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Migration, displacement and education

1 year 5 months ago - 1 year 5 months ago #764 by dorina
The Report is timely, as the international community finalizes two important international pacts: the Global Compact for Safe, Orderly and Regular Migration, and the Global Compact on Refugees. These unprecedented agreements – coupled with the international education commitments encapsulated in the fourth United Nations Sustainable Development Goal (SDG) – highlight the need to address education for migrants and the displaced. This GEM Report is an essential reference for policy-makers responsible for fulfilling our ambitions.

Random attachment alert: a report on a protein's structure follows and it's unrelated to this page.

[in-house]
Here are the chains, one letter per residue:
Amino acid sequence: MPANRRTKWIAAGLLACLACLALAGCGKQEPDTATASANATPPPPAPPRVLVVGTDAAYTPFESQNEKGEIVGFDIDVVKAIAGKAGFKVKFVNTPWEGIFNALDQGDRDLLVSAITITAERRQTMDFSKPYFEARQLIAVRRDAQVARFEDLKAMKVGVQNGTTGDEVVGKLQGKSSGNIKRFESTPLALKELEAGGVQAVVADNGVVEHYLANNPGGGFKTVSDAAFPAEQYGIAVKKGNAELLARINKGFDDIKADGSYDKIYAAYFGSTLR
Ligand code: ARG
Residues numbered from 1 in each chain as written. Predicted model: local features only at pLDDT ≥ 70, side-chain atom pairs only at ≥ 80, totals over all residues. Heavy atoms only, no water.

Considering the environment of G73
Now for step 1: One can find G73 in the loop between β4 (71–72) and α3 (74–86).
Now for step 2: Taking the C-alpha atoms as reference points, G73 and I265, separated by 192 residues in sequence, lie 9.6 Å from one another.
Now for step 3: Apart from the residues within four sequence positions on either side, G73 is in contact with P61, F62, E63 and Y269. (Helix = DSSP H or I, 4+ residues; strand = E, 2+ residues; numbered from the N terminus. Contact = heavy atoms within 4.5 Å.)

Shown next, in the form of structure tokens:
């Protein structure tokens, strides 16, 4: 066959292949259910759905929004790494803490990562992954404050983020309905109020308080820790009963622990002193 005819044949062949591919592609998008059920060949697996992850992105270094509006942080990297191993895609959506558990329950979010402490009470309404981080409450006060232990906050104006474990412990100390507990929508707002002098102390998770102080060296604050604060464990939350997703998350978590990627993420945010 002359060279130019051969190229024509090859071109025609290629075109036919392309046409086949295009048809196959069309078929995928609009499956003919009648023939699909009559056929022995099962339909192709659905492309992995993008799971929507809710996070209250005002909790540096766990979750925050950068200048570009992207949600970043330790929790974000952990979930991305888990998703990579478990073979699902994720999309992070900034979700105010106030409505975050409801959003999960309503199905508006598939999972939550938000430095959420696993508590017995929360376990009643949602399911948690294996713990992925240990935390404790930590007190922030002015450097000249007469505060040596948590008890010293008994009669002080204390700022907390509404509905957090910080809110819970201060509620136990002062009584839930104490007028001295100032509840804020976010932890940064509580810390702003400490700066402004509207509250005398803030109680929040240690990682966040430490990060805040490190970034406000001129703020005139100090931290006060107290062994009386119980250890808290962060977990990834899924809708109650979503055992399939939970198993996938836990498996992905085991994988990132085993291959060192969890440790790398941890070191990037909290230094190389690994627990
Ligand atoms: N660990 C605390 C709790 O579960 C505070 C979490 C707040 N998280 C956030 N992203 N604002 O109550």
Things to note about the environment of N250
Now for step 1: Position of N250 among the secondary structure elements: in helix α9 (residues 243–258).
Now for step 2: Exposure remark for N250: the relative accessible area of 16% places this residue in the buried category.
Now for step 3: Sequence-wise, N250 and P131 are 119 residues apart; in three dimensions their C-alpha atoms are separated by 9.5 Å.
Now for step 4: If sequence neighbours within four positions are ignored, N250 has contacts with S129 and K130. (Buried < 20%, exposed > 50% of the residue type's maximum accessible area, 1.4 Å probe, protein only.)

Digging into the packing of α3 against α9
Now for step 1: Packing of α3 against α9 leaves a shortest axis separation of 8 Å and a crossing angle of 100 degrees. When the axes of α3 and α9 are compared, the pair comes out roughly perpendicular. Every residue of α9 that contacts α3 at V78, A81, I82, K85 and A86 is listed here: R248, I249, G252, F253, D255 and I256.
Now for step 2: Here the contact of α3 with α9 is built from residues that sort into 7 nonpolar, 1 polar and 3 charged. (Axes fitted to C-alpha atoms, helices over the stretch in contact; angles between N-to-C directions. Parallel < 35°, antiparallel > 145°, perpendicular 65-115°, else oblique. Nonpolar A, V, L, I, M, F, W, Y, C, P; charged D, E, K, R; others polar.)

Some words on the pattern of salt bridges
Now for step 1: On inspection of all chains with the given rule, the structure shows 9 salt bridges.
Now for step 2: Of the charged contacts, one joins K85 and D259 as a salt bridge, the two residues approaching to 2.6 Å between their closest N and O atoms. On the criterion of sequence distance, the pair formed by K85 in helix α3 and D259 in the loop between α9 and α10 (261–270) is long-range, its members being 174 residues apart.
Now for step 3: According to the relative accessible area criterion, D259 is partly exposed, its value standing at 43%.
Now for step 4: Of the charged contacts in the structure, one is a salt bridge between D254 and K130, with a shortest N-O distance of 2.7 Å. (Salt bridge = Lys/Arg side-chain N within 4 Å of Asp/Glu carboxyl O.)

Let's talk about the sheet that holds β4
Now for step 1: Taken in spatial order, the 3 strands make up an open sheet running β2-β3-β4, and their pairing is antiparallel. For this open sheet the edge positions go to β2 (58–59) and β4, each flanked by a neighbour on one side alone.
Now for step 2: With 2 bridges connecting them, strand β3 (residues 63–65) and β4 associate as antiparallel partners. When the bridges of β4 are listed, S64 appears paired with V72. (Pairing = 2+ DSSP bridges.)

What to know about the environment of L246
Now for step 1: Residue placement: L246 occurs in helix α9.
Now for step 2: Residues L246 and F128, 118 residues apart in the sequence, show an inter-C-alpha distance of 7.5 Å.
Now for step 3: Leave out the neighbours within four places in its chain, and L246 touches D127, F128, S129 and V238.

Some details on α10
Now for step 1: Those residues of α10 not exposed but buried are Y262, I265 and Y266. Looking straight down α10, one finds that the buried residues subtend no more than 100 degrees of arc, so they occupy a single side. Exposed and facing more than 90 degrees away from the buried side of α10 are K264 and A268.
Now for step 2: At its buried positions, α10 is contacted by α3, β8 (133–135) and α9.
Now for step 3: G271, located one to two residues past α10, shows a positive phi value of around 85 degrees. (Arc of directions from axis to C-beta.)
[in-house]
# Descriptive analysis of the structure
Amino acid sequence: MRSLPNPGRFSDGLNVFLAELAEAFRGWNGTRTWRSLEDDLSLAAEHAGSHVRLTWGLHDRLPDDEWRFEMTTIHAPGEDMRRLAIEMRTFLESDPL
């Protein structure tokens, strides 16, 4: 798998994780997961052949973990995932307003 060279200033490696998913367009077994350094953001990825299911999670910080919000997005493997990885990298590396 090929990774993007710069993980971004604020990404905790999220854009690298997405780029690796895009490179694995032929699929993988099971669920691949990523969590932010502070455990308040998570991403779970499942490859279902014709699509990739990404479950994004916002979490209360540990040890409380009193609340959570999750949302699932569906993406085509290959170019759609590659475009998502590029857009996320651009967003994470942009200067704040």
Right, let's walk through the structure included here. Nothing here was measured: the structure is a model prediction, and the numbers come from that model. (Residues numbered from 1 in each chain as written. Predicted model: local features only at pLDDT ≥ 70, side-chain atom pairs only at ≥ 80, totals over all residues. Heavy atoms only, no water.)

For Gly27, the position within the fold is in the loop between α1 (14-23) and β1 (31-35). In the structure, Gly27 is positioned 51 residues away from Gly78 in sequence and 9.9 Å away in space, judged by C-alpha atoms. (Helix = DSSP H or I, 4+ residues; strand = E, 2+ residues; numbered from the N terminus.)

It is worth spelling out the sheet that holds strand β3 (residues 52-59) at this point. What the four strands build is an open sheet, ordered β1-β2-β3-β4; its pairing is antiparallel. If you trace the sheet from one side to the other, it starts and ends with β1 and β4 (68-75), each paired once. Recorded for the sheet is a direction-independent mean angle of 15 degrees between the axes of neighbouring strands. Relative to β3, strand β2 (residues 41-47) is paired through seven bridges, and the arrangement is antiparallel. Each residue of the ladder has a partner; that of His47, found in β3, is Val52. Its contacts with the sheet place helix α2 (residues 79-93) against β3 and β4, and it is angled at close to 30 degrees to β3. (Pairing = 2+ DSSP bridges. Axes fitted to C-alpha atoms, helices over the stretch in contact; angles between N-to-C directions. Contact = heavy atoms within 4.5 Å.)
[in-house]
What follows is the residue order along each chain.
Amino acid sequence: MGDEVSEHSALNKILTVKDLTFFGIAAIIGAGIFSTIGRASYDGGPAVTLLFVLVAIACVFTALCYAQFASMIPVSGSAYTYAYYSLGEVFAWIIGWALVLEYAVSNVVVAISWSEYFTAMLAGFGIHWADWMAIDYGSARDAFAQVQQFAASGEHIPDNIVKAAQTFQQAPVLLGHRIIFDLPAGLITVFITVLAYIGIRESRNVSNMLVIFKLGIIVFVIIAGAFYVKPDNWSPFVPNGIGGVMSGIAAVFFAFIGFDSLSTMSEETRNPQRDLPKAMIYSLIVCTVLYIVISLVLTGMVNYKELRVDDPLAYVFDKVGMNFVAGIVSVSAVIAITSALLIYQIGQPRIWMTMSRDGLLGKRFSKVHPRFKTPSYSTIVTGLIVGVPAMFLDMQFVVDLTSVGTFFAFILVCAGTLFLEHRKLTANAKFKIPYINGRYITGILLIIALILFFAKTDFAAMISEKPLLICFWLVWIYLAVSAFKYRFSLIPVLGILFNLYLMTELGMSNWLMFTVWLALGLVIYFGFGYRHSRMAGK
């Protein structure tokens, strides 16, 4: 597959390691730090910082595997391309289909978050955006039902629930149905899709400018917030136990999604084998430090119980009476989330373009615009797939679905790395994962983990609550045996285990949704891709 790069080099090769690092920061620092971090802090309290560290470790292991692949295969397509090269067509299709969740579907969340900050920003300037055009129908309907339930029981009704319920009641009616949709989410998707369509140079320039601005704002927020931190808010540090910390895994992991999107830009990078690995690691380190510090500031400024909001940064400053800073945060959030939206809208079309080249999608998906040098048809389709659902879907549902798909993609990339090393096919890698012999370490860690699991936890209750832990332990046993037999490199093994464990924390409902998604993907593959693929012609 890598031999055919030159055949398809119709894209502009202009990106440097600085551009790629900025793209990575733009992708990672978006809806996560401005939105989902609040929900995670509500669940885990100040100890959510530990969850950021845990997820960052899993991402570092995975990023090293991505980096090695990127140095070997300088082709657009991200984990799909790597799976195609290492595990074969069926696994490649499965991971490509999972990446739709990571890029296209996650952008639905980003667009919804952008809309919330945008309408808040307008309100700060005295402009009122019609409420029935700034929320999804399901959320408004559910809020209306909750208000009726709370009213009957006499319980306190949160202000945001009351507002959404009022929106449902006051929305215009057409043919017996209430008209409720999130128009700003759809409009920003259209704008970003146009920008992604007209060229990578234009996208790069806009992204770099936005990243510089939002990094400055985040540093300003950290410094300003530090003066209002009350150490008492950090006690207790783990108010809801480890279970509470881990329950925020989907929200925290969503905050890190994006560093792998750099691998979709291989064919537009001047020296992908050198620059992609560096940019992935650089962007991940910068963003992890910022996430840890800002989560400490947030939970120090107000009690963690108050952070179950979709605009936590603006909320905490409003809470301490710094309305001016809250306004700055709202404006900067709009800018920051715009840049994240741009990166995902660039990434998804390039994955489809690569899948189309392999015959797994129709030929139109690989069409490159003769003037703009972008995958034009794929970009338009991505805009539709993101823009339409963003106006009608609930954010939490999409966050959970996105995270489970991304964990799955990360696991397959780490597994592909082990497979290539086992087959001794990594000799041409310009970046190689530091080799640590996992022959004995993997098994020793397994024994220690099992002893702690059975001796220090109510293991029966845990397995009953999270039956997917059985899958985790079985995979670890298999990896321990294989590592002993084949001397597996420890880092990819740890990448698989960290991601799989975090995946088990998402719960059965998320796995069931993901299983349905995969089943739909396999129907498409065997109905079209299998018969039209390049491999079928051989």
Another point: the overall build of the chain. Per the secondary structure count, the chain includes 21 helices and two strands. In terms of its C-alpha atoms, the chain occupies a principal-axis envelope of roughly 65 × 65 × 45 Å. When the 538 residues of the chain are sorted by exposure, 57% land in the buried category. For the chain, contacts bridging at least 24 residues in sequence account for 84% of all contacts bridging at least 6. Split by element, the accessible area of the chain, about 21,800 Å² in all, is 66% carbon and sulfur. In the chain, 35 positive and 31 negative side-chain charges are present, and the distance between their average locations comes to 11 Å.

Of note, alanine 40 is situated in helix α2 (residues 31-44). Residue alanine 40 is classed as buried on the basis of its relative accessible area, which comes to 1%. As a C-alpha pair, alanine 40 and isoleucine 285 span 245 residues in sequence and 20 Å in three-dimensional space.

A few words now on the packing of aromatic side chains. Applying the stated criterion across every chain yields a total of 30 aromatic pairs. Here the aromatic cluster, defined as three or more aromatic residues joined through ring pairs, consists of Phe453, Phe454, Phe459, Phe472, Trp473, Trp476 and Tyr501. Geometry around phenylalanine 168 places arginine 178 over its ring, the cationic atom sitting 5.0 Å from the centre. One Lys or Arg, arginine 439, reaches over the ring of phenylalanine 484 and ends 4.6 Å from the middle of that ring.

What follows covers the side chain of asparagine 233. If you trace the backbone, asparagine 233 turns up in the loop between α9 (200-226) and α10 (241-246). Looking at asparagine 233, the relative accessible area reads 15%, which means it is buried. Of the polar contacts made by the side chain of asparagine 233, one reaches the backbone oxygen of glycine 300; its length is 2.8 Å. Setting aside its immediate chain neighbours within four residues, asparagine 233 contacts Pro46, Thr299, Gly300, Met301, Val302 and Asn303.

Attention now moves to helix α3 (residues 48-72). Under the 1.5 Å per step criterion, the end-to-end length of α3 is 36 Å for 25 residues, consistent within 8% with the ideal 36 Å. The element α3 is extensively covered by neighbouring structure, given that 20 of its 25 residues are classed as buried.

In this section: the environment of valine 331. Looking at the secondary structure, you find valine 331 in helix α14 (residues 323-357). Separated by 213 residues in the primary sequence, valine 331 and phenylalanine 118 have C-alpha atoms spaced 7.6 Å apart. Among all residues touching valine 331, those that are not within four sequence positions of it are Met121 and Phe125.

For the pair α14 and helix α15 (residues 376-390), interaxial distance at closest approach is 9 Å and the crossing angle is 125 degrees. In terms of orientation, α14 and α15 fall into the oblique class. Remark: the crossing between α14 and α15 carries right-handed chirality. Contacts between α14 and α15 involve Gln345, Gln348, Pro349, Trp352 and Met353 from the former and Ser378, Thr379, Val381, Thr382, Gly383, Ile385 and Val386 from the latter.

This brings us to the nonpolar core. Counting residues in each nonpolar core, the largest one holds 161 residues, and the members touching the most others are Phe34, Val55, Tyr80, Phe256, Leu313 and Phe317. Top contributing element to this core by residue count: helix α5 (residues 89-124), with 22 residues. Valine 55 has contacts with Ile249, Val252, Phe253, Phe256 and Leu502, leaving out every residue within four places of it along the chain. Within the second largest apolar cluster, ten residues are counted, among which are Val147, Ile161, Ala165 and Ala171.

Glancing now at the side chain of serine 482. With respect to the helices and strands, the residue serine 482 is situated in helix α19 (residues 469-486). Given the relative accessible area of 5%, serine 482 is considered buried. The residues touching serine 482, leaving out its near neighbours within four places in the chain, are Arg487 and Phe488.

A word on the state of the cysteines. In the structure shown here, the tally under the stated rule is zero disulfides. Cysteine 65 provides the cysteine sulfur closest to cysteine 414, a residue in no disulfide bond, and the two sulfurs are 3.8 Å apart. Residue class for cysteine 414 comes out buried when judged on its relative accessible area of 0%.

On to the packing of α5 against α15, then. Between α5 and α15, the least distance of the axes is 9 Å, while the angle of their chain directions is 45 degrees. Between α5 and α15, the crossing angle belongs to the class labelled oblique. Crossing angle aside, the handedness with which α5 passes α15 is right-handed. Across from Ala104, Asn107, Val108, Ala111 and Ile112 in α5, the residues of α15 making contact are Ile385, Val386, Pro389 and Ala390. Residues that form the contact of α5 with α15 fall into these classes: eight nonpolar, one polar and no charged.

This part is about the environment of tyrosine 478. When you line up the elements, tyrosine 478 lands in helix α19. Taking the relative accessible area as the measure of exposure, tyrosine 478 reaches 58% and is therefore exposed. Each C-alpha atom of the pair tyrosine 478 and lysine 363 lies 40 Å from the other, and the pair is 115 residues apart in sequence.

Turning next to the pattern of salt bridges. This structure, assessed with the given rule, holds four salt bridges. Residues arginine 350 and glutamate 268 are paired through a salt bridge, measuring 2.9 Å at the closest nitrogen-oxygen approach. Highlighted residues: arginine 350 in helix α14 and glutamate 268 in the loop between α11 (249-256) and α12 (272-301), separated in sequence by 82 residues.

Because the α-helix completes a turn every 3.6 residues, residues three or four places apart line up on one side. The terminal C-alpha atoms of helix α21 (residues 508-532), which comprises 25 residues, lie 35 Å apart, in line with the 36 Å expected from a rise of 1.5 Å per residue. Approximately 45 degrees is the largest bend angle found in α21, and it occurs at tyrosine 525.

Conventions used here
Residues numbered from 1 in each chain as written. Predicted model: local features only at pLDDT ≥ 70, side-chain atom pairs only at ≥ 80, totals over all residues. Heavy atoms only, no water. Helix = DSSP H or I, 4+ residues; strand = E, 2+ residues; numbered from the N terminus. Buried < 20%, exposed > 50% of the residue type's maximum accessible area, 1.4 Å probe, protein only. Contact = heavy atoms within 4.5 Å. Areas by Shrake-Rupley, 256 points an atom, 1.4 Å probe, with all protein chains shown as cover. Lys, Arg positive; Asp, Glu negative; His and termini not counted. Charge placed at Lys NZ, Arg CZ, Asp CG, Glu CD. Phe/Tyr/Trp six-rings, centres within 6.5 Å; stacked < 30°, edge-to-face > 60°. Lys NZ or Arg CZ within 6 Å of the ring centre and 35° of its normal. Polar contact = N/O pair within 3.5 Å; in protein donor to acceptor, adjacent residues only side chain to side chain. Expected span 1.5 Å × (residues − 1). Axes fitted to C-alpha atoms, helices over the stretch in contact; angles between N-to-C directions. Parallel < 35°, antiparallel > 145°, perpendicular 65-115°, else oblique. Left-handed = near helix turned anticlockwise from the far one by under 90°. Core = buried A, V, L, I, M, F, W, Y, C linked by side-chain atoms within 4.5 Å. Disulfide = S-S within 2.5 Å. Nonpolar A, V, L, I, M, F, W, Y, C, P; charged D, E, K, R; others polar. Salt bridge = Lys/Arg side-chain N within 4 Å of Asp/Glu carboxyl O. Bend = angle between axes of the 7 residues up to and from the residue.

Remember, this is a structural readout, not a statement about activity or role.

his report looks at migration and displacement through the eyes of teachers and education administrators faced with the reality of diverse classrooms, schoolyards, communities, labour markets and societies. Education systems around the world are united in the commitment to ‘ensure inclusive and equitable quality education and promote lifelong learning opportunities for all’ and to ‘leave no one behind’. For all students to fulfill their promise,systems need to adjust to their needs irrespective of their backgrounds. They also need to respond to societies’need to be resilient and adapt to migration and displacement – a challenge affecting countries with large and small migrant and refugee populations alike.All types of population movement are covered. On average, one out of eight people is an internal migrant. This migration can have serious effects on the educational opportunities of those moving and those left behind, particularly in still rapidly urbanizing low and middle-income countries. About 1 out of 30 people lives in a country other than the one where they were born. Almost two-thirds of international migrants are destined for high income countries. While most move to work, some also move for education. And international migration also affects the education of their descendants. Some 1 out of 80 people are displaced within or across borders by conflict or natural disasters. Nine out of ten of these live in low and middle-income countries. Including them, national education systems is crucial but can be conditioned by the unique contexts of the displacement.


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